In an era during which opium smoking was also becoming relatively common, moralists believed that smoking tobacco was yet another harmful vice. Even hundreds of years ago, some skeptics also decried the potential of tobacco to cause biological harm.
The Bonsack machine, additives, and more
Tobacco smoking remained a luxurious habit of the elite until the invention of the Bonsack machine in the late 19th century. This industrial device made it cheap and easy to roll cigarettes, and cigarette smoking suddenly became popular among all strata of society in both the USA and the UK.
As cigarettes exploded into popularity, cigarette manufacturers sought to make their smokes last longer and burn better. During the early 20th century, dozens of different flame-accelerating and preservative substances were added to cigarettes.
It wasn’t until the 1950s that scientists discovered a definitive link between tobacco smoking and lung cancer. In the intervening decades, we’ve learned that both tobacco and the additives present in cigarettes can be profoundly harmful.
The contemporary smoking stigma
Since the 1950s, public outcry against smoking tobacco has reached a fever pitch. We’ve learned that not only smokers, but also those around them, can be harmed by tobacco smoke.
Smoking has been banned in most public areas. Simultaneously, a comprehensive, government-sponsored education campaign has thoroughly disincentivized tobacco use.
As a result, the act of smoking itself has received a bad name. Nevermind the fact that human beings had smoked safely for millennia or that tobacco and its industrial additives were to blame. From the modern viewpoint, smoking is universally harmful.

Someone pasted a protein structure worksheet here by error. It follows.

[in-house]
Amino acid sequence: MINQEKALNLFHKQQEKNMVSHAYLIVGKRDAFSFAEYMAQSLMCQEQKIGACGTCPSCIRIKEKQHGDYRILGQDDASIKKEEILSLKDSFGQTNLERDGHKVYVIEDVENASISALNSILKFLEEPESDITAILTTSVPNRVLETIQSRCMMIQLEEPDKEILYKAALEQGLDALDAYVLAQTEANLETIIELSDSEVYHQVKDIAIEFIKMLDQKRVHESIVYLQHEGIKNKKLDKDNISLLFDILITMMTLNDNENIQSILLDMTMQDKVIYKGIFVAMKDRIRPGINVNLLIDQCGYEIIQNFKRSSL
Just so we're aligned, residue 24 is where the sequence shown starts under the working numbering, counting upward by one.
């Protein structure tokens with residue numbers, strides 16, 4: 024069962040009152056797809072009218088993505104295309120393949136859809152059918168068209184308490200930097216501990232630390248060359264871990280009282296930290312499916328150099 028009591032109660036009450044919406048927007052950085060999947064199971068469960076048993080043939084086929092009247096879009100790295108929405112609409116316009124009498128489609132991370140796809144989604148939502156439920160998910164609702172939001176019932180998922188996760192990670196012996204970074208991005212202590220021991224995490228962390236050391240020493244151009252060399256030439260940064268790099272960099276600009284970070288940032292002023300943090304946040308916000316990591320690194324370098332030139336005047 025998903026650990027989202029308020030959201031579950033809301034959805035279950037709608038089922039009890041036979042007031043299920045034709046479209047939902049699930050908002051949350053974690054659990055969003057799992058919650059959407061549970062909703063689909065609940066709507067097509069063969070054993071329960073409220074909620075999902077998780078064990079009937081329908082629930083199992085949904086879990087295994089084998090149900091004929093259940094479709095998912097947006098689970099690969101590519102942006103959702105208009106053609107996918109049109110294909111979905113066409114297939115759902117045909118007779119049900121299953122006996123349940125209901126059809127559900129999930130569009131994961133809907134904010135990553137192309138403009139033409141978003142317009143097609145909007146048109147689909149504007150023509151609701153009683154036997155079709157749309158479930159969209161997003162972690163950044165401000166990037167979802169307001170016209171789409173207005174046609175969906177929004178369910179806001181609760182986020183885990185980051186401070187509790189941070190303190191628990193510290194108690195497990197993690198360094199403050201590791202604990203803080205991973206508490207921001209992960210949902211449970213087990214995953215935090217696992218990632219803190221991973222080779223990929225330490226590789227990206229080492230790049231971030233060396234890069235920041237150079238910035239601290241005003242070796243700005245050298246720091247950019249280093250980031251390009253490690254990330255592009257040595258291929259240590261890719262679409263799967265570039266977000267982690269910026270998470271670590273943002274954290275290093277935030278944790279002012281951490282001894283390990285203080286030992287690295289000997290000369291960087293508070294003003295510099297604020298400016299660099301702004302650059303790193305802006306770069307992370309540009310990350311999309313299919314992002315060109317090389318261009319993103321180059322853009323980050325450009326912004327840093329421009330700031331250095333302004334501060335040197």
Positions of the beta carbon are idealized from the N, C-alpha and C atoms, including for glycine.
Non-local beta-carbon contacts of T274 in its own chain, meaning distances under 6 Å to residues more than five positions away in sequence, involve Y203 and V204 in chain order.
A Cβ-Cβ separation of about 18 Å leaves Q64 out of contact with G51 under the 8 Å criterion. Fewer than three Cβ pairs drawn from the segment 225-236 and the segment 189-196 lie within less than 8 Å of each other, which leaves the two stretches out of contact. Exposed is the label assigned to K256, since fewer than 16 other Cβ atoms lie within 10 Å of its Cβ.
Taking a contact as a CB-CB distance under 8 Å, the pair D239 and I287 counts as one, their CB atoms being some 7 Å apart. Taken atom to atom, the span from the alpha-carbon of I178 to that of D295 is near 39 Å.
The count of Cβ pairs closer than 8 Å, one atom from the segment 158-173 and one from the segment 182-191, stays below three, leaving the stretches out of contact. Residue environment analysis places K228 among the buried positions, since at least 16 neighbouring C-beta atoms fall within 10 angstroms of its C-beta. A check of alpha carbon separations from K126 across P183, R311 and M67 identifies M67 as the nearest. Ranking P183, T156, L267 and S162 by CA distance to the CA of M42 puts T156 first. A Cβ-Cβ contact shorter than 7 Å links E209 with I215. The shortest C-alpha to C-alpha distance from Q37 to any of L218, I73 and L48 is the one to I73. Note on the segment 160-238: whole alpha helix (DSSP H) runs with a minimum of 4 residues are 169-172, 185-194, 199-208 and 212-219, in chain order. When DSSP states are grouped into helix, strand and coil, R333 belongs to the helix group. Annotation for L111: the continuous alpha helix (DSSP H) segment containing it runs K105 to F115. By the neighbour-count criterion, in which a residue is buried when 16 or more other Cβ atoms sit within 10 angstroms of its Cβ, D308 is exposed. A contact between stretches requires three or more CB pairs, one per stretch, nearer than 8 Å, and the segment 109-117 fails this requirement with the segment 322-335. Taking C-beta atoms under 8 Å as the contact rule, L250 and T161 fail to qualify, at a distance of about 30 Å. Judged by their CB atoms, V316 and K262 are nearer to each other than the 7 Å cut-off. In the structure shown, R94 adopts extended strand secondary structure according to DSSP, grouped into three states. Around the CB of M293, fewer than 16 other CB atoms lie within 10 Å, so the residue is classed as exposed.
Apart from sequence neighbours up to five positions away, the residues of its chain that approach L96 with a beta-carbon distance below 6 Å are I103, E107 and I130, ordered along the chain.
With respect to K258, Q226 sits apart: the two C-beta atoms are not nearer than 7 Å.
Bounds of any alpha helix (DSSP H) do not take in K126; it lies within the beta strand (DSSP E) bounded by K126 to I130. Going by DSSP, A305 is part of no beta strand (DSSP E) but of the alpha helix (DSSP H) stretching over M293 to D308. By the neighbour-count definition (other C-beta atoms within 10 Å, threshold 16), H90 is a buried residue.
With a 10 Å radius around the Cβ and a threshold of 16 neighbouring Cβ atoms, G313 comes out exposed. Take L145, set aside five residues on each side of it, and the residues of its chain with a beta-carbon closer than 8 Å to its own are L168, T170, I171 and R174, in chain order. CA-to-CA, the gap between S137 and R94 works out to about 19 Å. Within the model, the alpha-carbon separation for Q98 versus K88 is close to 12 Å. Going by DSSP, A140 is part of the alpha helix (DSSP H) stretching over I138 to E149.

Research into the benefits of smoking hemp
It’s only recently that the scientific community has gotten over its tobacco trauma sufficiently to investigate the overall impact of smoking in an objective light. It's an incontrovertible fact that smoking tobacco is harmful, but what about smoking cannabis or hemp?
In 1986, a small pilot study found that smoking cannabis increased oxygen intake and CO2 expulsion. More recently, a 20-year longitudinal study published in 2012 found that smoking one cannabis joint per day did not lead to adverse effects in the lungs.
Even more surprisingly, this thorough, long-term study found that smoking cannabis increased total lung capacity over time. To summarize, the available research indicates that smoking Cannabis sativa in moderation does not cause lung damage, and it might increase both your oxygen intake and lung capacity.
What is the most effective way to use CBD?
It’s one thing that smoking hemp in moderation doesn’t appear to be harmful. It’s another thing altogether that smoking CBD-rich hemp is the most bioavailable and effective way to ingest this cannabinoid.
CBD has been studied intensively for its potential anti-inflammatory and antioxidant properties. Researchers have also investigated this cannabinoid for its effects on stress, anxiety, pain, and dozens of other conditions.
If you’re smoking CBD to experience this cannabinoid’s potential medicinal benefits, then you want to use it using the most potent and efficient method possible. Given the fact that no scientific evidence indicates that moderate hemp smoking is harmful, ingesting CBD by smoking CBD-rich hemp flower is the most logical option.
Can smoking be good for your lungs?
It will take a long time for modern society to get over the social stigma left in the wake of tobacco’s unexpectedly harmful properties. Already, however, the world is waking up to the fact that smoking hemp might be beneficial to your lungs, brain, and other parts of your body.
If you decide to smoke hemp, it’s vitally important to choose clean, lab-tested CBD flower products that don’t contain any agrochemicals or other contaminants. Put your trust in organic, indoor-grown hemp flower as you unlock the hidden benefits of smoking.